AFTER-SCHOOL ACTIVITIES FOR CITY YOUTH
1. Briefly describe the structure of the program.
The city of Gaithersburg Police Department, in conjunction with the city’s recreation department, conducts daily after-school activities for city youth. This neighborhood-based program is conducted at several elementary schools in the city and focuses primarily on early intervention and prevention for the city’s "at-risk" youth. The use of the elementary schools as a base of operations for each program has been successful in that it lends a sense of comfort and safety to program participants while fostering a sense of community for everyone in the neighborhood serviced by each school.
2. When was the program created and why?
In the early 1990's, several rental properties in the North Summit Avenue corridor of Gaithersburg were used as open-air drug markets. When several Gaithersburg officers began to patrol the area full-time on bicycles, they were quickly accepted and appreciated by the children (and most of their parents) living in the area. Due to a genuine concern to improve the quality of life for these children and prevent their involvement in the criminal element present in the neighborhood, officers organized structured activities for the youth weekly while continuing to aggressively combat the criminal element. The approach, termed "Fantastic Fridays" was a success as their efforts provided a positive role model for the youth and created an obvious atmosphere of trust and mutual respect.
The program developed to include an occasional field trip to city facilities to include activities such as swimming and miniature golf. The positive response to these activities by the youth, their parents, officers and city officials resulted in a further expansion of the program. The only negative comment regarding Fantastic Fridays is that a similar program was needed on the west side of the city.
In early 1996 the program was expanded to include the communities of East and West Brighton Village. In less than one year, an average of 67 children regularly attended the program known as "Winning Wednesdays". As a result of the overwhelmingly positive response from the community, city officials pushed to have the program implemented after every school day, in five different neighborhoods.
In September of 1997 "Magnificent Mondays", "Terrific Tuesdays" and "Thrilling Thursdays" were in operation. Each patrol shift has adopted a different day to participate in the program. Every day that school is in session, officers from the Gaithersburg Police Department team up with a full time program manager, Gardner Torrence, and other Parks and Recreation staff to direct structured activities, to include athletic events, arts and crafts, bicycle rodeos and field trips to a variety of locations.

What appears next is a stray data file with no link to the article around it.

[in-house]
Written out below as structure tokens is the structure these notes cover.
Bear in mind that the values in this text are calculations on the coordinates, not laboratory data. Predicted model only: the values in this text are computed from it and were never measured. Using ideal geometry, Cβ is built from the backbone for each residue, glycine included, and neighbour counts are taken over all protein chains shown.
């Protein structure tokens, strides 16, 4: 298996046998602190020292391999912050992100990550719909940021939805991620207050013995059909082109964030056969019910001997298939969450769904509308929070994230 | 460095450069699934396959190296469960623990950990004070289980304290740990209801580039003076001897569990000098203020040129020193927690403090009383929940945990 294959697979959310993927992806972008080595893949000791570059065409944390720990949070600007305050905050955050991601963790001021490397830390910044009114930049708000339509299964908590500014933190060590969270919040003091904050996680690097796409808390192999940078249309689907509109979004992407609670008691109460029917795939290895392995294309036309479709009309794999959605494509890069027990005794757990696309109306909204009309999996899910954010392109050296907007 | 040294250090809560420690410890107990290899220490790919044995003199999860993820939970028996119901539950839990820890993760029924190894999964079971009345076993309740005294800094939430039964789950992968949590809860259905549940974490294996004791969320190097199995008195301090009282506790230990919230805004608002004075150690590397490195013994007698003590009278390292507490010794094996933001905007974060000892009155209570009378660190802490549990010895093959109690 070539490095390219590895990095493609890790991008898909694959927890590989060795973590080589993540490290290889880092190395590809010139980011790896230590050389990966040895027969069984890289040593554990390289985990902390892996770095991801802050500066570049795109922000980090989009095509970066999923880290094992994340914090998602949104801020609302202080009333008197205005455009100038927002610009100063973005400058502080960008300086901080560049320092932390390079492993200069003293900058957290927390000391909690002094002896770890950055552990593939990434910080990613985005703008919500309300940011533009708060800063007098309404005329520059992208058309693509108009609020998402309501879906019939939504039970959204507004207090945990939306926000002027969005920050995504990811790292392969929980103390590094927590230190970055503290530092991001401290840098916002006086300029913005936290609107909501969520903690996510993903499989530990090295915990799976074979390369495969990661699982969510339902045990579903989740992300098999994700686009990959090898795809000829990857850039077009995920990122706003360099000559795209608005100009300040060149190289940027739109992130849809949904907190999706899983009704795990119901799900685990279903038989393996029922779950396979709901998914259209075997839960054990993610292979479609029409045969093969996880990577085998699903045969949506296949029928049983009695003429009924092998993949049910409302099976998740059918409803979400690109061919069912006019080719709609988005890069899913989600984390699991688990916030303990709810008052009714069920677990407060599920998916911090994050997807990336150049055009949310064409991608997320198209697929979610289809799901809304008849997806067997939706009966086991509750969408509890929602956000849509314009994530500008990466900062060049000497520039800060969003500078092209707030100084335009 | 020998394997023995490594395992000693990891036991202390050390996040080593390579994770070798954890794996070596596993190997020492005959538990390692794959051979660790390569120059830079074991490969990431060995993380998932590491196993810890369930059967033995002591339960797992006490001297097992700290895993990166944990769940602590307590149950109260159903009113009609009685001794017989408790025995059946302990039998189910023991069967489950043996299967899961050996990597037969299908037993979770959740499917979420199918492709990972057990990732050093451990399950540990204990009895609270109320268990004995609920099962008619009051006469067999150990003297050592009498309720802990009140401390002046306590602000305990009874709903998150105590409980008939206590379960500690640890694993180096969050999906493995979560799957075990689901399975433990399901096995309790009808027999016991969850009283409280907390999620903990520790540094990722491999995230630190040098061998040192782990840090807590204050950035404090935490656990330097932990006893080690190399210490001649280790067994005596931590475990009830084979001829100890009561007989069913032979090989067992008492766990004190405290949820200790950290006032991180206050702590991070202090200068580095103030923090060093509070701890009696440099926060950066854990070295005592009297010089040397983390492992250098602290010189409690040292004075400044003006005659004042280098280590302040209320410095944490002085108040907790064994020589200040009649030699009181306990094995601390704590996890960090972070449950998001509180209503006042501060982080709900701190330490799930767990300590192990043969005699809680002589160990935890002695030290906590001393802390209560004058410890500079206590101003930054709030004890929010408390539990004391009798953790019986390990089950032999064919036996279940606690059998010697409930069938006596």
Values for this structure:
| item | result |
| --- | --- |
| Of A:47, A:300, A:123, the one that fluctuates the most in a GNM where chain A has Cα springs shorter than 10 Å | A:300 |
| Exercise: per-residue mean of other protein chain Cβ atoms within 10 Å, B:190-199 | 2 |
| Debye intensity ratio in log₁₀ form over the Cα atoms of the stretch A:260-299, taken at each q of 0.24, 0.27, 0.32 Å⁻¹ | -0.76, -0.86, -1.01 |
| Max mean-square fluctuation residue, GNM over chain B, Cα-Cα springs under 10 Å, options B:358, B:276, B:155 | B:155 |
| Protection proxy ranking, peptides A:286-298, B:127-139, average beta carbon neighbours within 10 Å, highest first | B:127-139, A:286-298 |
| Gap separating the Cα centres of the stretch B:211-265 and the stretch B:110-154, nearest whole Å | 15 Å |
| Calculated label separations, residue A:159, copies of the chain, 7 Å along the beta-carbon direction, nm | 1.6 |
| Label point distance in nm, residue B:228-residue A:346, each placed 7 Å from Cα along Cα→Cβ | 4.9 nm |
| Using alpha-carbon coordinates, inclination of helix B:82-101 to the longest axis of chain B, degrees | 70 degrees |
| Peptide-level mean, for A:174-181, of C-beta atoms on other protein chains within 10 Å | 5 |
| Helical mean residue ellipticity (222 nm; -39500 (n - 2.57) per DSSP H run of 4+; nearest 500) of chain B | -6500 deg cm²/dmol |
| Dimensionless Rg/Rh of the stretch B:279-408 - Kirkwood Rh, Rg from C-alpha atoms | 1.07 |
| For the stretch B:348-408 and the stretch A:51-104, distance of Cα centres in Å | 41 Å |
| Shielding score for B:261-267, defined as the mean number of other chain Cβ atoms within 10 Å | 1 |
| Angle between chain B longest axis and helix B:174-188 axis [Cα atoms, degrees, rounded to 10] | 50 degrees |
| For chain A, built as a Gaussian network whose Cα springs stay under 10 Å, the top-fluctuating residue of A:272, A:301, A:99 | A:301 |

The Gaithersburg Police Department is extremely committed to "CHARACTER COUNTS!" This program was a result of a summit to discuss declining national standards of moral and ethical behavior and it identifies six elements that are believed to be a part of every healthy society. These elements, also referred to as "The Six Pillars of Character" are Trustworthiness, Respect, Responsibility, Fairness, Caring and Citizenship. When officers have the opportunity to speak at the after-school programs on any topic, one of the Six Pillars in included in the presentation.
The men and women of the Gaithersburg Police Department are very proud of this program and are committed to remaining responsive to the needs of the youth and continuing to build on the mutual respect between the youth and the officers.
3. How do you measure the program’s effectiveness?
The program’s effectiveness is measured based on attendance, return attendance, comments of participants and parents throughout the year, interviews with each school principal, and a written survey of both participants and parents. The written survey is comprehensive, providing measures and the opportunity for respondents to suggest ways to improve the program.
4. How is the program financed?
Early on the officers borrowed equipment from the city’s Recreation Department and provided snacks and refreshments from their personal funds. As the benefits were quickly obvious, the apartment complex owners, management companies, private businesses and parents provided support. Since 1994 the program has been supported by city tax dollars and some grant funds.
Many businesses support the program through donations, fund raising, or offering good/services at a reduced rate. Companies that support the program include Dominos Pizza, K-Mart, Courtyard by Marriott, McDonald’s, U.S. Martial Arts Academy, Faye’s Family Restaurant, and Old Country Buffet.
5. How is the community involved in the program, if at all? How has the community responded to the program?
The community response was immediate and positive. Early on, parents would regularly assist with the activities. Since formally partnering with Recreation staff the activities are run by one program manager and his assistants. The Police Department has also partnered with Gaithersburg High School to have student volunteers assist with the program. These students receive student service learning credit while working with and providing a role model for youth from their neighborhood.
6. Contact person:
The United States Conference of Mayors
J. Thomas Cochran, Executive Director
Copyright © 1999, US Conference of Mayors, All rights reserved.